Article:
Well - you've already been told about the 9V battery issue; but you have a larger issue...
First off, where did you get the motors, and what makes you think they are 9-18 VDC motors? I'm not saying they aren't, but without further information, those motors look more like 3-6 VDC motors (standard small hobby motors). Do the motors have any information on them (manufacturer name or symbol, numbers, etc)? Generally, on those kinds of motors, the information will be molded into the back bearing plate, if it exists at all.
Regardless, those are not gearmotors, and you can't just mount some wheels to them and expect them to move your vehicle. They likely have a speed at their rated voltage of something like 3-6000 RPM, if not higher. At this speed will be their maximum torque, and it likely isn't much. Your battery is probably running low because of numerous reasons, not the least of which is that your motors are stalled out (or nearly so).
You need to gear those motors down to drive the wheels. The easiest way to do this (although even if this does generate sufficient torque to move the bot, that thing's gonna run like a bat outta hell - maybe with some PWM you'll be able to keep it under control) is to redesign the chassis and wheel mount so that the wheels are mounted on their own separate axle(s). Then, take the wheels, and sandpaper their contact surface so that theres a bit of roughness; this will give you more traction. If you can, find some wide rubber bands that will fit snuggly against the wheels to act as rubber "tires" which will give you more grip. Oh - and remove that tape on the wheels, that's doing nothing helpful.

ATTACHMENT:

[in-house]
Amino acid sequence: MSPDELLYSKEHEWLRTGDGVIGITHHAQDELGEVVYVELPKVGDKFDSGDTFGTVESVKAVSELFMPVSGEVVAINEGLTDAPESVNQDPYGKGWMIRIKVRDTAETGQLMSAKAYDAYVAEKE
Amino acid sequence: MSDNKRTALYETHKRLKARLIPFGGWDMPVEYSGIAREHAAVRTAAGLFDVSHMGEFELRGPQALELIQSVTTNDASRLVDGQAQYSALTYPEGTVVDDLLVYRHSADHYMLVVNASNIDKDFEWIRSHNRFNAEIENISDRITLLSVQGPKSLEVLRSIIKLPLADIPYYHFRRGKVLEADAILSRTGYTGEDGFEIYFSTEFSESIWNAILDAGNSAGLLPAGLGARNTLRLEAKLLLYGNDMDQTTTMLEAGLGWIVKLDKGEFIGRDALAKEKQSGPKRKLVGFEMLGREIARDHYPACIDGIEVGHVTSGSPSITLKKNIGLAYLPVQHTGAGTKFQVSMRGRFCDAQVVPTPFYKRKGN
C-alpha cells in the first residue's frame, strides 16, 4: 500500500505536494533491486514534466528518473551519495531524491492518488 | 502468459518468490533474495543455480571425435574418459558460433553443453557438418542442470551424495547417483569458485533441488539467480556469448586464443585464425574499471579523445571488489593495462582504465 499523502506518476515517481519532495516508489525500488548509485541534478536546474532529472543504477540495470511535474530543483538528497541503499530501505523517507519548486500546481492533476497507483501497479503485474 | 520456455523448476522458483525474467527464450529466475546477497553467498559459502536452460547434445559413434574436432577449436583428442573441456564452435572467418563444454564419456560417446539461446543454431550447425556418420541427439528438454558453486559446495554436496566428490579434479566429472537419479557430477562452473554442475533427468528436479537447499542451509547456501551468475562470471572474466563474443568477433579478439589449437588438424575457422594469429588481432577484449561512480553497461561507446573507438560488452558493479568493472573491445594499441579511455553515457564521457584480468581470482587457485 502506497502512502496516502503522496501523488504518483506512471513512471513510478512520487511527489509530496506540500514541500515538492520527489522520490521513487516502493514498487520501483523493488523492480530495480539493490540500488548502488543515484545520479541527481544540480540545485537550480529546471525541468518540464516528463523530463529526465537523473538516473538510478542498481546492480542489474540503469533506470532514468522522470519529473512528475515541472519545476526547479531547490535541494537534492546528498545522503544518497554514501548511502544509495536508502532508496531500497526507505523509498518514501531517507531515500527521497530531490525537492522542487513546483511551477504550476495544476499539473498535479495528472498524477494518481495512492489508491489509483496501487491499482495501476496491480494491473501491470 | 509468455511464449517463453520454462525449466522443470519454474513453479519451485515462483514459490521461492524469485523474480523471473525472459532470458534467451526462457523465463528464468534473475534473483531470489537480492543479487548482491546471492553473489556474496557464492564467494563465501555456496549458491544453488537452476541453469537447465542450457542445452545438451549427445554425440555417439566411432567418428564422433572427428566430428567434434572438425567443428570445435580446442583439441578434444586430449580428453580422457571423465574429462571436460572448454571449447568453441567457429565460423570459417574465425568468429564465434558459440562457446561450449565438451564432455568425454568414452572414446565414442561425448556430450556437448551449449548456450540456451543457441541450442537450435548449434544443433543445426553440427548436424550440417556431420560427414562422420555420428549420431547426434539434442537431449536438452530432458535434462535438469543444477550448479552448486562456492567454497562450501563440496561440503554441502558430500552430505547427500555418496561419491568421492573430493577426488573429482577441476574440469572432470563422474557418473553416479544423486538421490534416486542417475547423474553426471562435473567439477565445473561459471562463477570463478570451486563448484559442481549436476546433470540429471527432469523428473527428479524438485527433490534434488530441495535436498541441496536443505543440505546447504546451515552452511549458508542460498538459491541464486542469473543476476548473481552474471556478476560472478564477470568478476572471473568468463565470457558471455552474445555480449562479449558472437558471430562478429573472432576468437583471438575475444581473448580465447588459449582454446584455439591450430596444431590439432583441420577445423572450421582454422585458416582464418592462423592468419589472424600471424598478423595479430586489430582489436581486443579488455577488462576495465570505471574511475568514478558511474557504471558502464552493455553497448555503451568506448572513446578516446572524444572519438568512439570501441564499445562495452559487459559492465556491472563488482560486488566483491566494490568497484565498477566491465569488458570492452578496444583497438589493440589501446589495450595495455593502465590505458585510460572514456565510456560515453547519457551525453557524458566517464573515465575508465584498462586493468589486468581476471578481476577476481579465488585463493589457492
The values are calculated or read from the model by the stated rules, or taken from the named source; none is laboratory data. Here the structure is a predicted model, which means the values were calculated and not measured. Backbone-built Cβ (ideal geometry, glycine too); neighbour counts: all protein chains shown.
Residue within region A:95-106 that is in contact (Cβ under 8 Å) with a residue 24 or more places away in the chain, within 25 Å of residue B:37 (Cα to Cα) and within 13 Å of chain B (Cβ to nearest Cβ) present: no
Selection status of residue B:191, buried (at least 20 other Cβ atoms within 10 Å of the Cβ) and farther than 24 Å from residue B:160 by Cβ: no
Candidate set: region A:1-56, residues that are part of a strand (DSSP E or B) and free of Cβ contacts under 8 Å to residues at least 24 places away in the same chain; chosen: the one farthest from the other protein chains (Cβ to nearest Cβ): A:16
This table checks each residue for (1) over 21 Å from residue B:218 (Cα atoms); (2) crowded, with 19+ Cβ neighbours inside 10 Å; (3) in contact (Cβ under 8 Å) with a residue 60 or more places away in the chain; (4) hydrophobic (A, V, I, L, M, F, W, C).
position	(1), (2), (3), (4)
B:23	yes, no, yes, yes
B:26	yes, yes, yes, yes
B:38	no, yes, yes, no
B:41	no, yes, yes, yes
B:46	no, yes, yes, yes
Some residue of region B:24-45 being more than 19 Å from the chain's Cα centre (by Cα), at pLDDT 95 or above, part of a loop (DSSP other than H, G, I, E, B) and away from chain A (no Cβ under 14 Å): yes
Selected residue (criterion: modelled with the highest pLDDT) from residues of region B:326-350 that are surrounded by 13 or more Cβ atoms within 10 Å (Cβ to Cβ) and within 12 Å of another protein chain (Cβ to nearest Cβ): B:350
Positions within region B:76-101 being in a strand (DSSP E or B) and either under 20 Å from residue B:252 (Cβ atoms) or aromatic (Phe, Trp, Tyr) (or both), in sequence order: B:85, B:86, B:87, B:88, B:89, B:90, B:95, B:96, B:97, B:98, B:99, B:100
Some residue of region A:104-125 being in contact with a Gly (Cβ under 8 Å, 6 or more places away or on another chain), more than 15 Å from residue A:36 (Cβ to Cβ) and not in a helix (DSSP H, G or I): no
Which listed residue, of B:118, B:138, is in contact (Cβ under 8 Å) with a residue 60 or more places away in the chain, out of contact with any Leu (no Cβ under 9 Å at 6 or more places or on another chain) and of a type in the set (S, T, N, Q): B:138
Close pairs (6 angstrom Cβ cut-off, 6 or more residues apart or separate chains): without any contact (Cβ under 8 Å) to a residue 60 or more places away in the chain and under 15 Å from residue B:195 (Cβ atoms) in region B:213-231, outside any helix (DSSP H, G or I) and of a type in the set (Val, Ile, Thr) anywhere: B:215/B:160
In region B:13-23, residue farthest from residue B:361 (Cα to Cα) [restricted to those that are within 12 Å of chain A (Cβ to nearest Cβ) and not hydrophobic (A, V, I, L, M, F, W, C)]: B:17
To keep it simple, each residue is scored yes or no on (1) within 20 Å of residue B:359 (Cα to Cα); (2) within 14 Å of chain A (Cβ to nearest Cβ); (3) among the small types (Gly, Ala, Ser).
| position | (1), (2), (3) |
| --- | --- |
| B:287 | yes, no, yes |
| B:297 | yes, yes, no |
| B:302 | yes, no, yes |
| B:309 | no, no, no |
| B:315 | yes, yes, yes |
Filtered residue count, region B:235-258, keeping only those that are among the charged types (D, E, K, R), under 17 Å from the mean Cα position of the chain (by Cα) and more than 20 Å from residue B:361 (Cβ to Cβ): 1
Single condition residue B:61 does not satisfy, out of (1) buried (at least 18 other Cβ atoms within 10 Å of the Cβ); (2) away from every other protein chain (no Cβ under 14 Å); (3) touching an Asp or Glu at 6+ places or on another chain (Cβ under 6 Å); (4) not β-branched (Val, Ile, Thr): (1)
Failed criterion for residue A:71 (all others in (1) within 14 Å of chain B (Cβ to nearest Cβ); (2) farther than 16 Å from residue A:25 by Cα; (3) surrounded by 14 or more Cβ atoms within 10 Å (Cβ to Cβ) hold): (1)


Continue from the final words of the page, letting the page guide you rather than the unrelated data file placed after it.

Then, attach to your motor shafts a small, short piece of rubber tubing; r/c engine fuel line with a small inside diameter (get it at a hobby shop) will work well here. Another option would be to wrap the shaft with a bit of friction tape. Still another option would be to remove the eraser from the end of a pencil, poke a hole in the center with a small nail, then superglue it to the shaft of the motor.
Once that is in place, mount the motor in such a way using your tape, or some glue (hot glue is great), and/or maybe some rubber bands, such that the motor is placed so that the shaft (with its little rubber "wheel") rubs against the wheel contact surface (either the sandpapered roughness, or the rubber band). This will form a simple friction drive gear reduction.
The gear ratio is easily figured; measure the size of the wheel on the motor, and the size of the larger wheel; divide the larger size by the smaller size, and that will form your ratio - for instance, if the diameter of the small wheel on the motor is 5 mm, and the larger wheel is 35 mm, then the ratio is 1:7 (because 35 / 5 = 7), so if the motor is spinning at 5000 RPM, then wheel would spin at (?) approx 714 RPM (5000 / 7 = 714.29) - note that if these numbers were real, that final RPM is very, very high; you want an RPM of about 100 RPM tops (even 60 RPM would be fast, 100 will be like a darting mouse).
Good luck, and I hope this helps!